Fortran Specialist Group One Day Meeting

11.00 a.m. Thursday 2nd October, 2014
Wilkes Room 4, BCS London Office,
First Floor, The Davidson Building, 5 Southampton Street, London WC2E 7HA
(nearest Underground stations: Charing Cross, Covent Garden, Embankment and Leicester Square)

Annual General Meeting 2014


Tea, coffee and biscuits
AGM Business
  1. Apologies for absence
  2. Minutes of the previous AGM (26th September 2013)
  3. Matters arising
  4. Chairman's report
  5. Treasurer's report
    SG Development Fund report
  6. Membership Secretary's report
  7. Web Editor's report
  8. Election of Officers and Committee members
    (The following is taken from the Fortran SG Constitution:
    The name of any member accepting nomination for election or re-election as an Officer or as a Committee member shall be submitted in writing to the Secretary 7 clear days prior to the date of the AGM by two members of the Group with the written consent of the nominee.
    "In writing" applies equally to email or paper copy.)
  9. Future activities for the Group

  10. Any other business
  11. Date of next meeting
Buffet Lunch and networking

Joint meeting with Computational Physics Group of Institute of Physics

"How Software Engineering can help you"
Prof Chris Greenough, Software Engineering Group, Rutherford Appleton Laboratory

Much of existing scientific software is of low "quality" from the point of view of standards of "best practice" in professional software engineering. Ensuring that code is clearly structured and readily intelligible to new users through reading the code is not currently a priority for scientific research.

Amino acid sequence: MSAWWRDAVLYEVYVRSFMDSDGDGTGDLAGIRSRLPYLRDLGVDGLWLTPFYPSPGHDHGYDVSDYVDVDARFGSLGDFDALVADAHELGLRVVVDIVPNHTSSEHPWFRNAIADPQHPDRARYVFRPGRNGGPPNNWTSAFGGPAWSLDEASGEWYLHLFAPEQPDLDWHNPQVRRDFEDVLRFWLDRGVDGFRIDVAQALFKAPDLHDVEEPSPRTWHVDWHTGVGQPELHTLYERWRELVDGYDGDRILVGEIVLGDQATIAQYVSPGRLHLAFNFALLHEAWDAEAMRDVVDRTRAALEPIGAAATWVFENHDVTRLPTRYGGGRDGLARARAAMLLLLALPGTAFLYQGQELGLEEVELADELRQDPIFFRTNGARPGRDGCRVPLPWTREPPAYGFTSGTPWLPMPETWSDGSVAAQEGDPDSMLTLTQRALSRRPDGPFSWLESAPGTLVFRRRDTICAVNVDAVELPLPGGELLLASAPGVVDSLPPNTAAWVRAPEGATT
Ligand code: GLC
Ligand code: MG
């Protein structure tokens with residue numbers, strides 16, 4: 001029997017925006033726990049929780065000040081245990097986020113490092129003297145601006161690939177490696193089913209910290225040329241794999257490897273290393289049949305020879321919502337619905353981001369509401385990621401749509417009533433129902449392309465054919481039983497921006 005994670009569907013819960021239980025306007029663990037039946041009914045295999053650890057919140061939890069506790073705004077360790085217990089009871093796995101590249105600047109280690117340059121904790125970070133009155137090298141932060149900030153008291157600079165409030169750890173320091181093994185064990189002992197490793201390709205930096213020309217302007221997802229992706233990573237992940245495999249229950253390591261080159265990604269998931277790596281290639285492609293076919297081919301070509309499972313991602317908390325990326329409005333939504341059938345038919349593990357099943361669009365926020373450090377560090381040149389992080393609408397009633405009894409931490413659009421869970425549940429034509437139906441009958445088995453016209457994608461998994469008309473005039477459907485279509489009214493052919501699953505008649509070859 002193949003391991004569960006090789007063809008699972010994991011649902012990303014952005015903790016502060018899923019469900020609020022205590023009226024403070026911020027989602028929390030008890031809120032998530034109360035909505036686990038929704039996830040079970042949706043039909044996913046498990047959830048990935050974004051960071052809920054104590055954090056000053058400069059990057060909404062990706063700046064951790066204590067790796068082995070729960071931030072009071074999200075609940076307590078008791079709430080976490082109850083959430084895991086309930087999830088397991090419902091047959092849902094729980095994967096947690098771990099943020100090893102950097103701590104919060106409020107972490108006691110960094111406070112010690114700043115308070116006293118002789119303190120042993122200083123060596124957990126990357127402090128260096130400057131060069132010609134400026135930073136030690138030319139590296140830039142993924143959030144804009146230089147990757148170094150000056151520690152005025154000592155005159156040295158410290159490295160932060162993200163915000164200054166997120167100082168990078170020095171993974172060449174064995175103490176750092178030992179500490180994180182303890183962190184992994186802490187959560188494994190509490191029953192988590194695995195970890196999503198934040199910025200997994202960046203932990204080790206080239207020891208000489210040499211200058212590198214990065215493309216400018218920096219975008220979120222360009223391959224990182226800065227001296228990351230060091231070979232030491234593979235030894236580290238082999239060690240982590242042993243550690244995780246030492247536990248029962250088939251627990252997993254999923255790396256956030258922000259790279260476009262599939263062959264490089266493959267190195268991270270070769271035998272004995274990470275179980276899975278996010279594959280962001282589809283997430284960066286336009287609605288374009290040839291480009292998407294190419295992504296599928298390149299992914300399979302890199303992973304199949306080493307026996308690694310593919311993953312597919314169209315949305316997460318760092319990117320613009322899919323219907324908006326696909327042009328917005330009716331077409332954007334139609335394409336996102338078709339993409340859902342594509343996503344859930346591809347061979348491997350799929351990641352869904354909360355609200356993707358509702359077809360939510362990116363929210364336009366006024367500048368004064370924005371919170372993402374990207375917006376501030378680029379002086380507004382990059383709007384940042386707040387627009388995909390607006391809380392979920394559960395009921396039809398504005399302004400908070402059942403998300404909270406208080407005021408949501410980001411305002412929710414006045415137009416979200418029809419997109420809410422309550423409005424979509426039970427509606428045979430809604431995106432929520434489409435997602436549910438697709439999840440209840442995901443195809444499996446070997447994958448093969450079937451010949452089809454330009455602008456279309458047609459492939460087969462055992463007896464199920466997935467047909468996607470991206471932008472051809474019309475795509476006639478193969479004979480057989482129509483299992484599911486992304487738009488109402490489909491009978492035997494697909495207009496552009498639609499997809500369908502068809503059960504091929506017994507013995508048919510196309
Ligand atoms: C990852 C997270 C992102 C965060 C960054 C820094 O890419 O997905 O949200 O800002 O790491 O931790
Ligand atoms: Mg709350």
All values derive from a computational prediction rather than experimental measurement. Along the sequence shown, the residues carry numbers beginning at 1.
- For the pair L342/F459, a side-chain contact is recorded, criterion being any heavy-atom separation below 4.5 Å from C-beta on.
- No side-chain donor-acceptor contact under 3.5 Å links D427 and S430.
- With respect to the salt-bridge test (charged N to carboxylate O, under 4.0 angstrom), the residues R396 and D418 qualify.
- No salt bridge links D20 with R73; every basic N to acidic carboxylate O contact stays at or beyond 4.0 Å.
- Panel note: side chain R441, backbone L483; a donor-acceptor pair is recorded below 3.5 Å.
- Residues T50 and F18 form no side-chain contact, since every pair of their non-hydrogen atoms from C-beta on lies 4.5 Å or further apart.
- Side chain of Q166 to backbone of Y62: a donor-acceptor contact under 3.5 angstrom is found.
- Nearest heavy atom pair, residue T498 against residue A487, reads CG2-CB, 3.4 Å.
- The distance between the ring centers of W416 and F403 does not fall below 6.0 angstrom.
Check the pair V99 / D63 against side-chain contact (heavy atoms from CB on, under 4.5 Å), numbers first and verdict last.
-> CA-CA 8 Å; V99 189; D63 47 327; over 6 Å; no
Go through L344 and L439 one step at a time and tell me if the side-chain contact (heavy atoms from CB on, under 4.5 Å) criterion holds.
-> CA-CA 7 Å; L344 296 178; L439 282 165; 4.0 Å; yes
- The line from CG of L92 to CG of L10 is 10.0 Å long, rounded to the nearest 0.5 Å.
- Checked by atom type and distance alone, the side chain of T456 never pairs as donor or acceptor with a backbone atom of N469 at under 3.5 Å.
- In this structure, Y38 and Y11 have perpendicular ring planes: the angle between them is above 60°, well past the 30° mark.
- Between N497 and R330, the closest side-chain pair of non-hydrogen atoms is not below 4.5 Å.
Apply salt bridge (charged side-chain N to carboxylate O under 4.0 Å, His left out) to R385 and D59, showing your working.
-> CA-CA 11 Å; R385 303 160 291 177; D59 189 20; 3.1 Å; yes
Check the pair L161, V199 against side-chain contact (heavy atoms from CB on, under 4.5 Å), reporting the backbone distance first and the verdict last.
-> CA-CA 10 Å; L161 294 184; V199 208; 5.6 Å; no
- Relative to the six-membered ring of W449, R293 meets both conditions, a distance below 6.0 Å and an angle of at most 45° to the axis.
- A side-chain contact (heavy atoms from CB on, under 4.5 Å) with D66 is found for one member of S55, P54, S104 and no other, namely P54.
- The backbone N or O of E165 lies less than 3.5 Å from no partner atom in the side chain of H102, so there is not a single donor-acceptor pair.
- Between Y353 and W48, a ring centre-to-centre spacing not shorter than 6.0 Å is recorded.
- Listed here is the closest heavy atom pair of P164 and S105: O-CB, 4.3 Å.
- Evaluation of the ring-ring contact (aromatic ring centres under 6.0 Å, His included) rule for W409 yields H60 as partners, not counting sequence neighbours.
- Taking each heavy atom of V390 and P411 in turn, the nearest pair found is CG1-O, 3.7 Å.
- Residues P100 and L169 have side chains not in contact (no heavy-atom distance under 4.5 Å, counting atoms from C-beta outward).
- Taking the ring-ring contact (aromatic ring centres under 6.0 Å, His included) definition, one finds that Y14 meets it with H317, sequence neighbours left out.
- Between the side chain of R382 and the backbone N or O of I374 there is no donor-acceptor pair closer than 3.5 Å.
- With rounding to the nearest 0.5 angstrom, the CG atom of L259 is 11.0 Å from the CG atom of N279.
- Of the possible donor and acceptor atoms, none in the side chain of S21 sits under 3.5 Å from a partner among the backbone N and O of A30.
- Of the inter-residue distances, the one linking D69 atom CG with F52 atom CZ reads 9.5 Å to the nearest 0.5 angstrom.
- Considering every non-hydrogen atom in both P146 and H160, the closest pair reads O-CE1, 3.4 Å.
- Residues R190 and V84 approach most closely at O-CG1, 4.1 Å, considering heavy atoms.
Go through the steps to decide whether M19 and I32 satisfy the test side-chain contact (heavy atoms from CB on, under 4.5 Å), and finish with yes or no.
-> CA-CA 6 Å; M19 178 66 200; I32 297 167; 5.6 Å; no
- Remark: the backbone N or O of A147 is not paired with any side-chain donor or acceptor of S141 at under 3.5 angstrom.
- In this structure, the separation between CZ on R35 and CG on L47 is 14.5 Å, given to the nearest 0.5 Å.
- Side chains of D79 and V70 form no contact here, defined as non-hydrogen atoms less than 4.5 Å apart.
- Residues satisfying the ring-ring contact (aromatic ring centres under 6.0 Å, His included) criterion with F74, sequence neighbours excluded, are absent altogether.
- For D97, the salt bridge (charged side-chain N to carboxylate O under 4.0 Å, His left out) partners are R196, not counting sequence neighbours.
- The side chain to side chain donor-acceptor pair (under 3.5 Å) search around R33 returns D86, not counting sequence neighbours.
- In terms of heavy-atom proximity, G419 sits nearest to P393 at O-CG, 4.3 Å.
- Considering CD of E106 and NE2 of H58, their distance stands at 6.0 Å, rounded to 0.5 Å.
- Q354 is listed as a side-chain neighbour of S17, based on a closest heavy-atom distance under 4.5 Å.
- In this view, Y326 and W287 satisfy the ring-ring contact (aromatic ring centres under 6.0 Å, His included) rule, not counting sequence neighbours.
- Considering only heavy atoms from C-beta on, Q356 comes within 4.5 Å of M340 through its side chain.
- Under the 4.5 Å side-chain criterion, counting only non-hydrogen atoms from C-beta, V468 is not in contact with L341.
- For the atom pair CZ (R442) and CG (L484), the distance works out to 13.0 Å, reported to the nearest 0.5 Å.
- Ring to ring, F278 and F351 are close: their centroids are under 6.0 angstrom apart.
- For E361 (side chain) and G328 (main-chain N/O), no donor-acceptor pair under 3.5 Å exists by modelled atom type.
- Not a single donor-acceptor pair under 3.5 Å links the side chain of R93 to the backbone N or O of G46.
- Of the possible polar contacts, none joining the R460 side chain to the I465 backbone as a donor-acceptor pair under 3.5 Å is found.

Those involved in developing codes feel justified in believing that they are of good "quality" because they generate valid scientific results that pass peer review. However, codes can have a long life cycle, being used and revised by successive generations in collaborative research teams. Repositories of long-life software are being set up by funding bodies.

We will demonstrate that scientific software can benefit from the pragmatic application of software engineering tools and techniques. Productivity is increased and the software becomes more readily shareable and re-useable.

"The Craftsperson and the Scholar"
James Hetherington, Research Software Development Team Leader, University College London

At Digital Research 2012 I presented a position paper with colleagues regarding the role of the Research Software Engineer. This paper followed on from a discussion I led at the Collaborations Workshop and some very interesting blog posts by Dirk Gorissen and Ilian Todorov.

Afternoon Tea
"Fortran 2008 coarrays"
Anton Shterenlikht, Mech Eng Dept, The University of Bristol, Bristol BS8 1TR

Coarrays are a Fortran 2008 standard feature intended for SPMD type parallel programming. The runtime environment starts a number of identical executable images of the coarray program, on multiple processors, which could be actual physical processors or threads. Each image has a unique number and its private address space. Ordinary variables are private to an image. Coarray variables are available for read/write access from any other image. Coarray communications are of "single sided" type, i.e. a remote call from image A to image B does not need to be accompanied by a corresponding call in image B. This feature makes coarray programming a lot simpler than MPI.